Apollo Education Group, the Phoenix-based company that owns the University of Phoenix, has revealed the company’s plans to explore a sale and other ‘transforming’ alternatives after reported losses due to a drop in enrollment at the University of Phoenix. On the day of the announcement, the company’s shares soared.
The Wall Street Journal reports that the struggling education organization is already in talks with Apollo Global Management to discuss the possibility of a sale. According to WSJ, the deal could come at around $1 billion, with Apollo Education’s shares estimated at $714 million as of January 8. Following the Wall Street Journal report on the news, the company’s share value increased by 21 percent, Reuters reports.
“Apollo is taking the necessary steps to enhance long-term shareholder value through a series of strategic actions which include transforming University of Phoenix into a higher retaining, more trusted provider of career relevant higher education, continued expansion of our international network, and a commitment to efficiency,” the Apollo CEO, Greg Cappelli said.
Apollo Education Group, which owns several for-profit institutions including the Western International University and the College for Financial Planning, has previously been in touch with several private equity firms, but Apollo Global Management seems to be the only one maintaining its interest to gain control of the company.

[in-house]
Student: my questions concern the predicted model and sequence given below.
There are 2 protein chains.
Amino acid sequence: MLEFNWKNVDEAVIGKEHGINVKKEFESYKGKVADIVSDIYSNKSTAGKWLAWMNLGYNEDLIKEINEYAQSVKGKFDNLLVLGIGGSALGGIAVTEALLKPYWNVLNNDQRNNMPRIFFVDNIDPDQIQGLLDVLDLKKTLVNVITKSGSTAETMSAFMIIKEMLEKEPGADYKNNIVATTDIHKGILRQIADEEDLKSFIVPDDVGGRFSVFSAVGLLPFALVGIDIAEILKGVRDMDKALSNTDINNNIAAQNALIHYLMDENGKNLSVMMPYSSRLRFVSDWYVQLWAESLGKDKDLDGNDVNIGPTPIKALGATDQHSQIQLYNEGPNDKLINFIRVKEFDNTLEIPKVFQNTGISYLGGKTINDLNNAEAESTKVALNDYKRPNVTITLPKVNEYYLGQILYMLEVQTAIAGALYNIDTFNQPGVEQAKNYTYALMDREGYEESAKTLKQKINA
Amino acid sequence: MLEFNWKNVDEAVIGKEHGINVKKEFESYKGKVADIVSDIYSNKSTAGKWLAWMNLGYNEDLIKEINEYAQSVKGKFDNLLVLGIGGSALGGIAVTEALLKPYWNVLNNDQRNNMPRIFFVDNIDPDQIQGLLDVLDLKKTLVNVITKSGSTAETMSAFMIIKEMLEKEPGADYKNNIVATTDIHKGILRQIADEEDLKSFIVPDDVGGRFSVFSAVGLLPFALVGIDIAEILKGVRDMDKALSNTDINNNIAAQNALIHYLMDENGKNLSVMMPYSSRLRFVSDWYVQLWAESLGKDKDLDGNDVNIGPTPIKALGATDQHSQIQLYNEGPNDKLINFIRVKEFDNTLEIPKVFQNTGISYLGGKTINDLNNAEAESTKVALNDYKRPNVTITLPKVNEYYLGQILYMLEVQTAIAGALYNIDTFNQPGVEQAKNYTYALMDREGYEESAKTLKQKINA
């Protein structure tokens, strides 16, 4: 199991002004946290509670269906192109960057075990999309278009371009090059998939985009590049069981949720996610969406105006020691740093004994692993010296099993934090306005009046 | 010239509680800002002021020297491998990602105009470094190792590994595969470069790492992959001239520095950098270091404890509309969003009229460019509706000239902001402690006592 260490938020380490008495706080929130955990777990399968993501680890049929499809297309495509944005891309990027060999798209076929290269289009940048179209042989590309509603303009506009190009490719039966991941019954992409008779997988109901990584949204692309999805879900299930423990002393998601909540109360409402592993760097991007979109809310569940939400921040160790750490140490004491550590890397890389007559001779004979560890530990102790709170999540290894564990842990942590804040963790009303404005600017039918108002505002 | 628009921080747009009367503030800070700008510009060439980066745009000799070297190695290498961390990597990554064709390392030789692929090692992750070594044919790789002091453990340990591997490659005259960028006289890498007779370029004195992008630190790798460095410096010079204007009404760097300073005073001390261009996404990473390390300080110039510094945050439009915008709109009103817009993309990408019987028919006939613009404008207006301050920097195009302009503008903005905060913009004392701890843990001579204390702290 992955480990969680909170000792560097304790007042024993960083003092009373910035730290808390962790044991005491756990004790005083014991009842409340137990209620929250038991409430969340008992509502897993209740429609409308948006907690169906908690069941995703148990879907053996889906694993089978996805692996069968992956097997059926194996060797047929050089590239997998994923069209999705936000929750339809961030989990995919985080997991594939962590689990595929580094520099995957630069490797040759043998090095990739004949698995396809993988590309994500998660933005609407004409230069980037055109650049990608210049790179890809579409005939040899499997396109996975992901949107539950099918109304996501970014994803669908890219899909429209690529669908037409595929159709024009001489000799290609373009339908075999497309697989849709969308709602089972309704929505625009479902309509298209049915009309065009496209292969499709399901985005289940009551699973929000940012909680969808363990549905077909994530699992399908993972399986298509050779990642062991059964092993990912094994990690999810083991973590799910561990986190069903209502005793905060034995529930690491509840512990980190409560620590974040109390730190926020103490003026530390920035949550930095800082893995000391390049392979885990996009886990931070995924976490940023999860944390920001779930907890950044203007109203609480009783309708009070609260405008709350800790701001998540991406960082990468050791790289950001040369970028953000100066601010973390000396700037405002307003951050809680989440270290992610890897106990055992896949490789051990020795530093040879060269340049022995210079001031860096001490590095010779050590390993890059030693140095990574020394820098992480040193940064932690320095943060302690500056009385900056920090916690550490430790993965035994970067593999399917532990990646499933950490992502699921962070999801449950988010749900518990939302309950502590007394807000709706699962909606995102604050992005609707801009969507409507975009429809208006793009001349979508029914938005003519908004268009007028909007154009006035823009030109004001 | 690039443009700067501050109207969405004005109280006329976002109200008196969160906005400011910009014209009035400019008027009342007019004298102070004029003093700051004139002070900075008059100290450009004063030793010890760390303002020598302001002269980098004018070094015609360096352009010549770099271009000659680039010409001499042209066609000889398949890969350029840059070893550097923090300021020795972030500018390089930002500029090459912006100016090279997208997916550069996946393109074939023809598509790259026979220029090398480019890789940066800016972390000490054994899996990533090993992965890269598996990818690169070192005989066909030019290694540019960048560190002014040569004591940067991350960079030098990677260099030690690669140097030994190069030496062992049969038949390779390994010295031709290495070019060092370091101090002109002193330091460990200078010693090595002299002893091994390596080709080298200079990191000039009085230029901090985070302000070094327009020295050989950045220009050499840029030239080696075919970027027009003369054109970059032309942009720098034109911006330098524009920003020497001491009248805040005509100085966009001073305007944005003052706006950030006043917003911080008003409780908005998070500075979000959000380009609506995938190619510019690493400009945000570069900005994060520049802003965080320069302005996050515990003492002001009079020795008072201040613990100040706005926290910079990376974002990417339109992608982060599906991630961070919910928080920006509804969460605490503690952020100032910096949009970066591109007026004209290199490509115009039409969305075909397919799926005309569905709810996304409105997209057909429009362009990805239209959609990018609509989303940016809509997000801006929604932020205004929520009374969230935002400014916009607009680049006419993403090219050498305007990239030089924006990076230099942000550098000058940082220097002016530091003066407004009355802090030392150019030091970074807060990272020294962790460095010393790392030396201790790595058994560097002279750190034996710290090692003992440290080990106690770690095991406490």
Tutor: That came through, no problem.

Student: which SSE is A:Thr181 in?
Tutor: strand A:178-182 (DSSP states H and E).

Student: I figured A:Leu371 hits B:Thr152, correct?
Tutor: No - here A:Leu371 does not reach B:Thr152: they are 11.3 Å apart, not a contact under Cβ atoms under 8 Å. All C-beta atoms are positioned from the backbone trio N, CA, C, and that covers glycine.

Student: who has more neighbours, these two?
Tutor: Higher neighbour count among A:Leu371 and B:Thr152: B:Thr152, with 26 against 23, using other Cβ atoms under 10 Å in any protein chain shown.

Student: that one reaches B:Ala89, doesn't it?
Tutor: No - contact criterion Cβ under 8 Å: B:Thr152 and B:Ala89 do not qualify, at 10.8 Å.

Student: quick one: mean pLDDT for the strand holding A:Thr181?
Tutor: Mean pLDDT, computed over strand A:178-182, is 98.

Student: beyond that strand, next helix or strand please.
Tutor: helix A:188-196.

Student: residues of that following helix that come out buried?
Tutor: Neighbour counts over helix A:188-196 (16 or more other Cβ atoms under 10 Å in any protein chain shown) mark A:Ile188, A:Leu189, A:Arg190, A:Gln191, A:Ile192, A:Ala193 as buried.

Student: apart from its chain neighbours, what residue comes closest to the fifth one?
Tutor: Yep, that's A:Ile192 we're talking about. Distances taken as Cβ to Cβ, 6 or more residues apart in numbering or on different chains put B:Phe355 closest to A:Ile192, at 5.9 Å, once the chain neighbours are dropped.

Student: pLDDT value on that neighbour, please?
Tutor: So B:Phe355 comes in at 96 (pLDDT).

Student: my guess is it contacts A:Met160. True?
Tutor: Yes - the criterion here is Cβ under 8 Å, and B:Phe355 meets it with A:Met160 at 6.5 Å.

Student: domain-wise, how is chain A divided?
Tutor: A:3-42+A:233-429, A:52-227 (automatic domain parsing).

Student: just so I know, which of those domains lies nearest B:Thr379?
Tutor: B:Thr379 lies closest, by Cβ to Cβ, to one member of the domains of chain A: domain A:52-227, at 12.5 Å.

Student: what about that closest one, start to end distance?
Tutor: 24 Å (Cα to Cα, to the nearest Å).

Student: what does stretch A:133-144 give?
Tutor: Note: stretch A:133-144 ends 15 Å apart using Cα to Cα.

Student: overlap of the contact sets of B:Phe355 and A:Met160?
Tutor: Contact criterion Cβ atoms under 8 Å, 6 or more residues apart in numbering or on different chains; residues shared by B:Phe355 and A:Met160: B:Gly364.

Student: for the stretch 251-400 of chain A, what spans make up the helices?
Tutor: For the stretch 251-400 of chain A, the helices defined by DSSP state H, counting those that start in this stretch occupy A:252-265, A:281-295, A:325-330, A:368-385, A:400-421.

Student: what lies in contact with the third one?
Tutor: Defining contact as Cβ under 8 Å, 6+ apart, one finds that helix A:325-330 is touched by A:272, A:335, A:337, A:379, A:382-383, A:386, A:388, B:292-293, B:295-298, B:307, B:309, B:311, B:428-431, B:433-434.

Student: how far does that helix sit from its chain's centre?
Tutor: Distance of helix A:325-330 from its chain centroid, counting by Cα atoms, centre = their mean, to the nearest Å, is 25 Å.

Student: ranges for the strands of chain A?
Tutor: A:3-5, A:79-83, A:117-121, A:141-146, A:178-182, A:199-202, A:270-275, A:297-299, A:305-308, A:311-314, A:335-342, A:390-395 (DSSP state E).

According to the Wall Street Journal report, it is projected that the two will reach a sale agreement within the first quarter of 2016. The company reported $586 million in revenue, marking an 18 percent drop compared to $714 million in revenue for 2014. The company lost 56 percent per share with $60.8 million in reported losses, Gazette says.
The Indian Times report that student enrollment at University of Phoenix dropped by 38.1 percent. They say that it is the 18th consecutive quarter that the for-profit educational institution reported a revenue drop.
Increased federal scrutiny of for-profit higher education institutions meant that the University of Phoenix witnessed a sharp and extended fall in student enrollment, especially since federal aid has been substantially reduced, a revenue source the University relied on, Reuters says.
According to an official statement by Apollo Education Group, they will continue having Barclays and Credit Suisse as financial advisors and will continue receiving legal advice from Sullivan & Cromwell.
Apollo Education is not the only for-profit institution under scrutiny in recent years. Federal investigations five years back have set Apollo Education, ITT Educational Services, and DeVry Education Group against tough regulation in view of their poor graduation rates, high student debt, and weak job prospect for graduates, Reuters says. The scrutiny resulted in much stricter funding rules from the U.S. Department of Education.
In the summer of 2015, the Federal Trade Commission requested more information regarding the marketing and advertising strategies implemented at the University of Phoenix, while the U.S. Department of Defense no longer allows the institution to recruit students on military bases.
Apollo Education Group has 18,813 employees, and its educational programs are available in Europe, Australia, Africa, Asia and Latin America.